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The Internet

Ricochet May Go Away; Metricom Files Chapter 11 115

friday2k writes: "As seen on news.com Metricom finally files for chapter 11. This is too sad. Anyone know of good alternatives out there?" Nooooo! Don't do this to me! The story says, "the company intends to keep the wireless Internet service up and running for the time being," so perhaps all is not lost. Even though it's a little pricey at ~$70/month, and only works in a few cities, Metricom's Ricochet is absolutely the best wireless Internet service I've ever used. Their coverage maps have been accurate and they have always treated Linux users decently (unlike this sorry bunch). I hope a decent company buys Metricom, figures out a way to make money with the system, and bring it to the rest of the U.S., even the rest of the world. Meanwhile, all I can do is plaintively echo friday2k's question: Anyone know of good alternatives out there? (Even 19.2KBPS would be okay with me if the service is Linux-friendly and has good nationwide coverage.)
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Ricochet May Go Away; Metricom Files Chapter 11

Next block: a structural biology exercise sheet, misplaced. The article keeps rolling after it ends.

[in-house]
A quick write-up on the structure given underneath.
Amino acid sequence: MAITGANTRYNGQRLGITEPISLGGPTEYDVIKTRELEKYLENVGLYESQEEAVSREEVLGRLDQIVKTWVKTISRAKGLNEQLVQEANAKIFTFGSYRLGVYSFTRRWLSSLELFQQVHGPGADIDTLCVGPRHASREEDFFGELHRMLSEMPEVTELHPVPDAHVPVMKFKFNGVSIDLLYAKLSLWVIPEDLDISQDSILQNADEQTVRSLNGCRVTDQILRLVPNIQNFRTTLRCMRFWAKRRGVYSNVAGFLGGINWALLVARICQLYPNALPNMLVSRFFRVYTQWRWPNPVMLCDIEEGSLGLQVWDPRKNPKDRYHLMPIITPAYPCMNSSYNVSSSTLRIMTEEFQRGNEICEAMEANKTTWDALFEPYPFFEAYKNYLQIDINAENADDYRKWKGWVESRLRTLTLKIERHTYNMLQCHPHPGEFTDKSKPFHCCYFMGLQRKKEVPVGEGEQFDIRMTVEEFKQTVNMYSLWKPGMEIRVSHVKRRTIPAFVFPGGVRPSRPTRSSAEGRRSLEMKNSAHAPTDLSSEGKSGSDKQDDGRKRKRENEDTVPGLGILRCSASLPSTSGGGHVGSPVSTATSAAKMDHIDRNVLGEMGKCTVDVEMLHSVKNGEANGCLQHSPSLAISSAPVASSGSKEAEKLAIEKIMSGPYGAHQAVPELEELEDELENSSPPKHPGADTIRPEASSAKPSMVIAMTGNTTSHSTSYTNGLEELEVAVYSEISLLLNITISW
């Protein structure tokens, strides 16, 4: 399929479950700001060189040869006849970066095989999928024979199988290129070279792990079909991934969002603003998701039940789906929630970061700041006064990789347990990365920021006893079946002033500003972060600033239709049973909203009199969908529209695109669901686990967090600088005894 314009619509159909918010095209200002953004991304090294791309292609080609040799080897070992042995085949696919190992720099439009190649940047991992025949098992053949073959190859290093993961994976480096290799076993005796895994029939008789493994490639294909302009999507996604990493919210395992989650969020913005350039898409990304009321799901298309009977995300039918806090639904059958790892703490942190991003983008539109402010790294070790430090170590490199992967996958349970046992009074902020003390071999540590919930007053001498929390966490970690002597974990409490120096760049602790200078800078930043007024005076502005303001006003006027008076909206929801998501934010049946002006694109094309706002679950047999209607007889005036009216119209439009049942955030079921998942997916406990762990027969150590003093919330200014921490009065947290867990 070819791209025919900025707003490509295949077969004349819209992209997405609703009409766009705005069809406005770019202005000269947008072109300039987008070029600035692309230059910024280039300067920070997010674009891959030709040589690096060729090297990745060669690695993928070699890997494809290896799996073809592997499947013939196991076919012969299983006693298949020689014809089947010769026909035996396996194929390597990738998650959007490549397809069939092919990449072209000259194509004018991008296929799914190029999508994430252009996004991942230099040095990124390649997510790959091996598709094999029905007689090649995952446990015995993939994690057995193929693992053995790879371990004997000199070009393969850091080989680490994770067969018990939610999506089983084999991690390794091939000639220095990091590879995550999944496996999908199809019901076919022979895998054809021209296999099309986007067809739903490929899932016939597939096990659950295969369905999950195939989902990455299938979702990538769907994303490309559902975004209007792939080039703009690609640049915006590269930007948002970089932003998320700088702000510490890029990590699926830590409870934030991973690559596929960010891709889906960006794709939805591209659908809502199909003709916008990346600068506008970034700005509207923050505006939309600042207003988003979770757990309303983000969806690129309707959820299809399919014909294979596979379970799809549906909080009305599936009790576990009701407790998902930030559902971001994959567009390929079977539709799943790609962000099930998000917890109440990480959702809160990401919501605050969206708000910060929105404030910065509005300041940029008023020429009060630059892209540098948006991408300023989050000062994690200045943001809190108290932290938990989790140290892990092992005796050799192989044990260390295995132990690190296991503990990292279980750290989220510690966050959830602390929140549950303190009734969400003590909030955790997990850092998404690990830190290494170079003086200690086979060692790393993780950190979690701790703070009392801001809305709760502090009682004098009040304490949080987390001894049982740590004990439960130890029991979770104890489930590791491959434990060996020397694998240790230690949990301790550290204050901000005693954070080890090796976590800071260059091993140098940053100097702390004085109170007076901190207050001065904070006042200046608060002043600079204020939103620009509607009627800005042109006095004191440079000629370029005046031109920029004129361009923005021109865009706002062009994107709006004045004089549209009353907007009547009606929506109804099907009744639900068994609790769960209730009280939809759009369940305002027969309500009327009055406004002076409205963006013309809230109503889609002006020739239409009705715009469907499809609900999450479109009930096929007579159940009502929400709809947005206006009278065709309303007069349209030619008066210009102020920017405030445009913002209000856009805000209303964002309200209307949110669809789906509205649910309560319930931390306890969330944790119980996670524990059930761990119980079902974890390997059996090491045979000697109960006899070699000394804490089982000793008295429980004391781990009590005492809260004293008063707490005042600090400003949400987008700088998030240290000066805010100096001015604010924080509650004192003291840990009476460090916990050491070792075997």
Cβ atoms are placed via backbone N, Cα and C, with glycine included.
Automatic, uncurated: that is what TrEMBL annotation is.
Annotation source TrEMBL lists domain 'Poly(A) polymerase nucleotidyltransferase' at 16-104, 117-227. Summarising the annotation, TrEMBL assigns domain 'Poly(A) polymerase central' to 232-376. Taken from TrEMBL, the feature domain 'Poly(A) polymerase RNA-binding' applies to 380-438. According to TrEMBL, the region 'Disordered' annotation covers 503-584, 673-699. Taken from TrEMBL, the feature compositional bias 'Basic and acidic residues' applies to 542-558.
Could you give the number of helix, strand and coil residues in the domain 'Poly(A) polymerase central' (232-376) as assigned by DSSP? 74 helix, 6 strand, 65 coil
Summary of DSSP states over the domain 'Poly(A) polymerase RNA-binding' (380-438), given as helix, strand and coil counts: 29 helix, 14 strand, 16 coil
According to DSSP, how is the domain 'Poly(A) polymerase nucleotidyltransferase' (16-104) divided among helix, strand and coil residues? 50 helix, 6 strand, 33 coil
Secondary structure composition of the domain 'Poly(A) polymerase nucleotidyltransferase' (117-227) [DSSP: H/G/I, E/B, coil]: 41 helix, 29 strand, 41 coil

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  • by Anonymous Coward
    This is my only "high speed" (i.e., greater than 9600 bps) access in Plano, TX ("telecom city USA"). AAAARRRRGGGHHHHH!
  • If they'd do that,cool. But they won't. And Verizon's CDPD coverage maps are sort of... errr.. innacurate, and I never got even close to the promised 19.2 K even in the (few) areas where the service actually worked. I have a Novatel Merlin card, and when I called Verizon about my service problems they told me it was the problem, that I should blow $400+ on one from Sierra, that the network was fine. Then I called Novatel and I'm sure you know what *they* said. :)

    I finally gave up on both Novatel and Verizon.

    I guess I'll try Sprint PCS next. Supposedly the Kyocera phones they offer will handle straight AT commands through the serial port, so they ought to work with Linux fairly easily.

    - Robin
  • They don't do that anymore. They also don't allow point to point connections over their network for devices sold later than last december.
  • Because when the service goes down, you can still use them to create a decent wireless network in "node relay" mode.

    Tie a bunch of them together over a wide range, and you can use them to leapfrog all the way back to your own bandwidth.

    For me, this will work just fine. I live a block away from my office, where I have good bandwidth, and I won't have much difficulty getting the local coffeeshops to let me set up a wireless modem or two to act as node relays back to the home base...

    Yeah, though. It is a shame Ricochet is going belly-up. They provided a really, really good service. I can't work out how they managed to lose out - their service rocks, and I'm perfectly happy paying $79.95 a month for it ... never seen an unhappy customer, including the 7 people I signed up for their service myself.